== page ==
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Biden HHS chief Xavier BecerraPool / Getty

WASHINGTON, D.C. (LifeSiteNews) – U.S. Secretary of Health & Human Services Xavier Becerra held a press conference Wednesday previewing the Biden administration’s plans for responding to the U.S. Supreme Court’s overturn of Roe v. Wade last week, leaving pro-abortion reporters in attendance less than enthused.

On Friday, the justices handed down the 5-4 decision to repudiate the 1973 precedent forcing all 50 states to permit elective abortions (6-3 to uphold the Mississippi 15-week abortion ban that provoked the case). “Roe’s constitutional analysis was far outside the bounds of any reasonable interpretation of the various constitutional provisions to which it vaguely pointed,” conservative Justice Samuel Alito wrote in the majority decision. “It is time to heed the Constitution and return the issue of abortion to the people’s elected representatives.”

The ruling holds massive ramifications, both immediate and long term. More than 20 states currently have laws on the books that effectively ban abortion within their borders upon (or shortly after) Roe’s fall, from pre-Roe abortion bans that went unenforced to “trigger laws” designed not to take effect until the ruling activated them. In those states, abortion will now be illegal.

Another 15 states plus the District of Columbia have laws on the books legally protecting abortion, three of which explicitly codify the practice as a “right.” For now, abortion will remain legal in those jurisdictions, as well as the remaining states that have not spelled out abortion’s status one way or another, but without Roe state residents now have the power to vote on the issue for themselves, or lobby their elected representatives to change the law in either direction. Pro-lifers in Congress can now pursue a nationwide abortion ban as well.

President Joe Biden blasted the “extreme” decision, but while his administration has not been shy about using executive power to advance leftist policy aims, his proposed response largely focused on electing enough Democrats to Congress to enact legislation enshrining a “right” to abortion in federal law. This unlikely scenario has largely failed to satisfy abortion activists, who want more concrete action.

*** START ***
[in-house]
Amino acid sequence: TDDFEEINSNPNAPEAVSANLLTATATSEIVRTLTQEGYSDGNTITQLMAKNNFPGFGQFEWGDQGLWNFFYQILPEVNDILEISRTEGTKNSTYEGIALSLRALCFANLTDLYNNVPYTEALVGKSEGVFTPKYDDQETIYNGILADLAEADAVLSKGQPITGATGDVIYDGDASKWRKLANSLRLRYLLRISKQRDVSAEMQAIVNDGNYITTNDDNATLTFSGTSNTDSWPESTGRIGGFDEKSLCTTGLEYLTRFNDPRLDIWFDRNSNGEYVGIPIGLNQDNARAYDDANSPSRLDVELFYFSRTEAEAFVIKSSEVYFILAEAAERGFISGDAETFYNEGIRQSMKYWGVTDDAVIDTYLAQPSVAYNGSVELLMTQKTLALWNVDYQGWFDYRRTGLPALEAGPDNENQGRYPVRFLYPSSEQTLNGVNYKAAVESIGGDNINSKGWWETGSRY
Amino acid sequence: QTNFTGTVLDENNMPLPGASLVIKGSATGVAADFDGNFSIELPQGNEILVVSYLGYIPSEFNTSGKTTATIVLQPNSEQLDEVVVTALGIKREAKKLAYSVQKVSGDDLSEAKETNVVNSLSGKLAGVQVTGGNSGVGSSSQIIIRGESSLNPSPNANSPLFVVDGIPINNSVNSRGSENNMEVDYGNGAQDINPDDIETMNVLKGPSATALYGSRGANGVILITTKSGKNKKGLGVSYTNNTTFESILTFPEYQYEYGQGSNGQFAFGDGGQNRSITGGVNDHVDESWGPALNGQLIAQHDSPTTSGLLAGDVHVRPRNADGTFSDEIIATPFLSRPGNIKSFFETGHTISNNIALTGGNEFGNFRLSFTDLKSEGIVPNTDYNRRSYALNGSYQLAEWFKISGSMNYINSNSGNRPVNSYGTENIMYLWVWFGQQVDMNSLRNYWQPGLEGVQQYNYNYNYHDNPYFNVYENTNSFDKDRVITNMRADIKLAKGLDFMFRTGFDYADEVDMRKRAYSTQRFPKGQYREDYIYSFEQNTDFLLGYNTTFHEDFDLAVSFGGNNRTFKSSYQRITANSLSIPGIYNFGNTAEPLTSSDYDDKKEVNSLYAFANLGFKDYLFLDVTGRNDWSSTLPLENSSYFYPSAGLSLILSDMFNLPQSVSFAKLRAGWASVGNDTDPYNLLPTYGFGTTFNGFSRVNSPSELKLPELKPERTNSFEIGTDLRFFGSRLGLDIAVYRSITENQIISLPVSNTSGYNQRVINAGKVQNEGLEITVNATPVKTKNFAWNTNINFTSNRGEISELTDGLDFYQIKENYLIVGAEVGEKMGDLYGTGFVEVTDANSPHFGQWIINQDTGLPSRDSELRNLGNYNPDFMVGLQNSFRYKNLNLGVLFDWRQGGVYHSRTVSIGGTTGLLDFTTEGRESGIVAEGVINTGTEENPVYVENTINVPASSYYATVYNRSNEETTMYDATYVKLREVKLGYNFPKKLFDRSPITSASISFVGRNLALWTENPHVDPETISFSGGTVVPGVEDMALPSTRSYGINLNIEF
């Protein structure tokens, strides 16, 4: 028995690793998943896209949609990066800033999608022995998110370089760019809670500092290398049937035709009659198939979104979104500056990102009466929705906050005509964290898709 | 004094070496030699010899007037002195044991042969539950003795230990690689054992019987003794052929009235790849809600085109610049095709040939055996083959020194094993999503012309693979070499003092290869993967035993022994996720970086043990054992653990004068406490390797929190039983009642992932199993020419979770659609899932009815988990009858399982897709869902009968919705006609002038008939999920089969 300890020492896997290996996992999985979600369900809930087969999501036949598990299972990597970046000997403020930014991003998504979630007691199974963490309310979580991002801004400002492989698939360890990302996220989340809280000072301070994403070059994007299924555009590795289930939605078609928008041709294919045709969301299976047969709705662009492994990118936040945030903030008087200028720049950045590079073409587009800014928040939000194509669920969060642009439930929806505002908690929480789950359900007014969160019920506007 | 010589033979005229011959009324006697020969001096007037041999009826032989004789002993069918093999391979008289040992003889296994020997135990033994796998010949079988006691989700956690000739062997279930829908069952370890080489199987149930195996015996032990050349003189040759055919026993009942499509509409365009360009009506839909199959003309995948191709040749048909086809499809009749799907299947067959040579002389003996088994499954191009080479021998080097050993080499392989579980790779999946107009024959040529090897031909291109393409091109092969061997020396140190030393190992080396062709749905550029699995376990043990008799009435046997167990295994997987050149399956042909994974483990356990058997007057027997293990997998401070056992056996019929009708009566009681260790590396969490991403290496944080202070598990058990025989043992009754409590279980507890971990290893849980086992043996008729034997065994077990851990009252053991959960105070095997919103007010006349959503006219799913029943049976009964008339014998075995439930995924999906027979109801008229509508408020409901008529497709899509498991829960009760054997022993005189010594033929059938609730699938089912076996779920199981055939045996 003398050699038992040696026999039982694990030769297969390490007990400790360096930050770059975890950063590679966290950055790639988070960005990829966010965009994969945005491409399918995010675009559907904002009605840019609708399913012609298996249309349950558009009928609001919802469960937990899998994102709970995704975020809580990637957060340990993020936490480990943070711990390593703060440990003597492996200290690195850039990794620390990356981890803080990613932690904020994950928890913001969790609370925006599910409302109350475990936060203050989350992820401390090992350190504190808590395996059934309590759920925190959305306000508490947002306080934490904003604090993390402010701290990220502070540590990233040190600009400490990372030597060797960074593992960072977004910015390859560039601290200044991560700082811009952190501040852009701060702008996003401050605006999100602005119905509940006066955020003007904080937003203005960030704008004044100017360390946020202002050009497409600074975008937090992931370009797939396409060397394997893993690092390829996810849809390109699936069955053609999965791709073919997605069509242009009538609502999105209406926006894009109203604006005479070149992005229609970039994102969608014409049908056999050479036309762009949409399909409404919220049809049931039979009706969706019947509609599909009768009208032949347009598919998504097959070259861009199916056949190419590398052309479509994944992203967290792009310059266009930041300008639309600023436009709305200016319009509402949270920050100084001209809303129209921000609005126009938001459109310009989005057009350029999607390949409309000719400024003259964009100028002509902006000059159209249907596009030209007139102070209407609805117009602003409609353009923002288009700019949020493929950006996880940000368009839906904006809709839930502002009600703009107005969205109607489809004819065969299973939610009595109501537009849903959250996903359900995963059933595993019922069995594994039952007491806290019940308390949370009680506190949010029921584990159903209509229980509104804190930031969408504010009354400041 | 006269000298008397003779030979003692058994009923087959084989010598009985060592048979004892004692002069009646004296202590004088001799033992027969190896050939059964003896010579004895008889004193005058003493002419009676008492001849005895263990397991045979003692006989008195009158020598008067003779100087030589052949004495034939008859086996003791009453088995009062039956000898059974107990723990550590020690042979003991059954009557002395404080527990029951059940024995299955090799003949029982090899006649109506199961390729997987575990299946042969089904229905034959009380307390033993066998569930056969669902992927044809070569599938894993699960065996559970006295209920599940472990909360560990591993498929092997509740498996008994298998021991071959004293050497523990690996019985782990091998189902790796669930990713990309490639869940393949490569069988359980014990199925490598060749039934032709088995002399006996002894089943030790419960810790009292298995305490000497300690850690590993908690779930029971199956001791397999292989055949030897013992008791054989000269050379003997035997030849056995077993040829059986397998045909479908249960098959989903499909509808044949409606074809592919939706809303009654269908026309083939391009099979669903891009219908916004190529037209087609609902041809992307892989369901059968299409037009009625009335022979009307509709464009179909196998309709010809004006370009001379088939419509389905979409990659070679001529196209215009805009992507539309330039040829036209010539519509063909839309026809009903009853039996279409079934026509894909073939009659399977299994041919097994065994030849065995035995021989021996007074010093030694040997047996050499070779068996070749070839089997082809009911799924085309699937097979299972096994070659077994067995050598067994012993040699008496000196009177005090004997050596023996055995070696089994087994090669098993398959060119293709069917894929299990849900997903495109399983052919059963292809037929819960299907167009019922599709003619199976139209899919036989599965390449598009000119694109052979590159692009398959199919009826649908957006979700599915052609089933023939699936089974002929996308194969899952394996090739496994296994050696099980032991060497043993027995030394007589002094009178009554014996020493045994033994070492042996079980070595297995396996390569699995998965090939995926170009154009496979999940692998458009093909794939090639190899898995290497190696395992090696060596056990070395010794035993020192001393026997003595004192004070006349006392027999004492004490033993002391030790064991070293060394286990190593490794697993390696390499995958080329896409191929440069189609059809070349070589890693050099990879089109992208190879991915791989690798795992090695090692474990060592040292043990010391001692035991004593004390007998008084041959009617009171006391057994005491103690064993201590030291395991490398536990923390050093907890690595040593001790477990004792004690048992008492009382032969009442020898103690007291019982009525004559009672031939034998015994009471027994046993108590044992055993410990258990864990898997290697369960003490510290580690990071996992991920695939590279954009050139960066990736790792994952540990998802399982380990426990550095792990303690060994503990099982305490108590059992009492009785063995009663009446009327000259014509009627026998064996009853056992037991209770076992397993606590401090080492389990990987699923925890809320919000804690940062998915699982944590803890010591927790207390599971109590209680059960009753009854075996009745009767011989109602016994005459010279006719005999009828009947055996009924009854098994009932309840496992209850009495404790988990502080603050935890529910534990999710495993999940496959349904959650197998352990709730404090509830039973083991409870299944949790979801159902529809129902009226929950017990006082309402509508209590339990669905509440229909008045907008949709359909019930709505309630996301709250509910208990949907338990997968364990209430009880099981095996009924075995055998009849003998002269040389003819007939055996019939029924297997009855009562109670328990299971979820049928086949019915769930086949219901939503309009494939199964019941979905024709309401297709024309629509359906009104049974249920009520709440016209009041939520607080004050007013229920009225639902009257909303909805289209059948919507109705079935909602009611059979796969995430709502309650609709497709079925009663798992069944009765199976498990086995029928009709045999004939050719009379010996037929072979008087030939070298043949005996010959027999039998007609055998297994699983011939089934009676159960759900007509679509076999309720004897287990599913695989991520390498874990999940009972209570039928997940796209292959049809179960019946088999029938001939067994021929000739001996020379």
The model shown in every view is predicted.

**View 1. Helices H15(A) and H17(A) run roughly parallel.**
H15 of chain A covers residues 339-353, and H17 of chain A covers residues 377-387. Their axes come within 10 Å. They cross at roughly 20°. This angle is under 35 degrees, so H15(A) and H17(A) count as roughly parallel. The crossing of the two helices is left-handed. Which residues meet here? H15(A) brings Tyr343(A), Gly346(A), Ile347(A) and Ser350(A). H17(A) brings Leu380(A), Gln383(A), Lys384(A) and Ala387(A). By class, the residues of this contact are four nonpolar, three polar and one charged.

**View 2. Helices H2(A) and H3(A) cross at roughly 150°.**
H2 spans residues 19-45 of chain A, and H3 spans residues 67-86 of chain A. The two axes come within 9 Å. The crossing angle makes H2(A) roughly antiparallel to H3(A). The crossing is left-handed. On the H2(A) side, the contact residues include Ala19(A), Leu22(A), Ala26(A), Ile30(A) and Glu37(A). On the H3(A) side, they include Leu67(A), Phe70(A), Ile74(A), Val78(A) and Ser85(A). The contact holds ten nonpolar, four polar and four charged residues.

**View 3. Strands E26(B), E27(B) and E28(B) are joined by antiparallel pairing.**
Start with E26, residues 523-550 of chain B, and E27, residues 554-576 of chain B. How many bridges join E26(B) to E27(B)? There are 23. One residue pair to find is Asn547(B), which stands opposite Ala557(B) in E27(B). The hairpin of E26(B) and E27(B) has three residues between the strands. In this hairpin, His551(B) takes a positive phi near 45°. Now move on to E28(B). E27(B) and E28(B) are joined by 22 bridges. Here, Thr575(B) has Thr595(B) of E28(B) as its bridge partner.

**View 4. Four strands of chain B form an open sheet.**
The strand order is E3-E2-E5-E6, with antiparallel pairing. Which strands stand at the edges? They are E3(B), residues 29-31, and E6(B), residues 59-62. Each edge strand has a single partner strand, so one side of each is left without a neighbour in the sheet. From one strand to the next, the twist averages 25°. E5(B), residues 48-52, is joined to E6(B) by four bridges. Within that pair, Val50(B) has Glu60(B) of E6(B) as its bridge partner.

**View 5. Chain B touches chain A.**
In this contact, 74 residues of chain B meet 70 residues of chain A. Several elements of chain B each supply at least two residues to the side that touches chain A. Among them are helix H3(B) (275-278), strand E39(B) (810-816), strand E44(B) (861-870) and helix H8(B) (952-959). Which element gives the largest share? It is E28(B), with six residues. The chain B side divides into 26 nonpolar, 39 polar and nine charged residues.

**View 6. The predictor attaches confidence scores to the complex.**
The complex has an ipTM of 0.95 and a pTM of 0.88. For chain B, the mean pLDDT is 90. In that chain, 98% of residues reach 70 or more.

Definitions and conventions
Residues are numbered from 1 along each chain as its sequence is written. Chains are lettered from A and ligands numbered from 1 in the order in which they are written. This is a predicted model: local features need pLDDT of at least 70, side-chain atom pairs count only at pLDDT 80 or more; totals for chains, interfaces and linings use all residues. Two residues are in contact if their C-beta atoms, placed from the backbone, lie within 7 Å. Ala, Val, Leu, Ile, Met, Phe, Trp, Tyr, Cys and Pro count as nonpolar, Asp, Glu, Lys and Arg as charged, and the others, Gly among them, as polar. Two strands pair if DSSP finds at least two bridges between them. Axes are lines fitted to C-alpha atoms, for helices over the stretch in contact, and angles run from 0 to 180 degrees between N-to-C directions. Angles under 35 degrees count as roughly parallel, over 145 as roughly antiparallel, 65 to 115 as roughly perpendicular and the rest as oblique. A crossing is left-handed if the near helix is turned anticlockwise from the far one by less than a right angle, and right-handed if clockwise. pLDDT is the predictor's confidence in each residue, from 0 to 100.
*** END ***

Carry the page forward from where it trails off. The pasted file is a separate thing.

On Wednesday, the pro-abortion Becerra held a news conference highlighting actions the Biden administration plans to take to protect abortions in the wake of the Court’s “unconscionable decision”:

Among them, HHS will take steps to increase “access” to abortion pills, which he stressed have been declared “safe and effective” by the U.S. Food & Drug Administration, the department’s Office for Civil Rights (OCR) will ensure existing patient privacy and nondiscrimination rules are observed for patients and providers of so-called “reproductive health care,” and steps will be taken to ensure so-called “”family planning” providers are allowed to participate in Medicaid.

Becerra also said he has directed HHS to examine its authority under the federal Emergency Medical Treatment & Labor Act (EMTALA) to ensure physicians’ clinical judgment is respected in pregnancy treatment, specifically to ensure recognition that abortion “can be appropriate in stabilizing patients,” that HHS will work with the Justice Department to try to keep states from banning abortion pills, and that HHS’s Reproductive Healthcare Access Task Force will report back on additional measures that could be taken.

Becerra called medication abortion “critical” and increasing access to it a “national imperative.” Many abortion activists have endorsed distributing abortion pills by mail as a way to get around abortion bans, despite the medical risks to women of unsupervised chemical abortions.

The reporters in attendance asked Becerra about additional measures, such as the federal government setting up abortion clinics on federal land, but the secretary was largely noncommittal. Vice President Kamala Harris recently said the proposal was not currently being considered.

“What I can tell you is that we are aware of a number of ideas and proposals, many of which we have been considering internally ourselves,” he said. “We have made no decisions yet. We certainly would have a conversation with the president to make sure we implement his directives to us in trying to protect women’s reproductive healthcare services.”

While Becerra stressed that “every option is on the table,” the general tone of the question period seemed to be managing pro-abortion expectations, with the secretary stressing that there was “no silver bullet” to the issue and the administration had to “stay within the confines of the law,” perhaps in recognition of how dependent Democrats were on Roe to force acceptance of abortion-on-demand.

Now that abortion policy can be directly decided through the elected branches of government, and politicians can no longer invoke the judiciary as an excuse for inaction, abortion-related legislative and lobbying efforts are certain to increase dramatically across the country, with the issue prioritized even higher by activists and voters alike.

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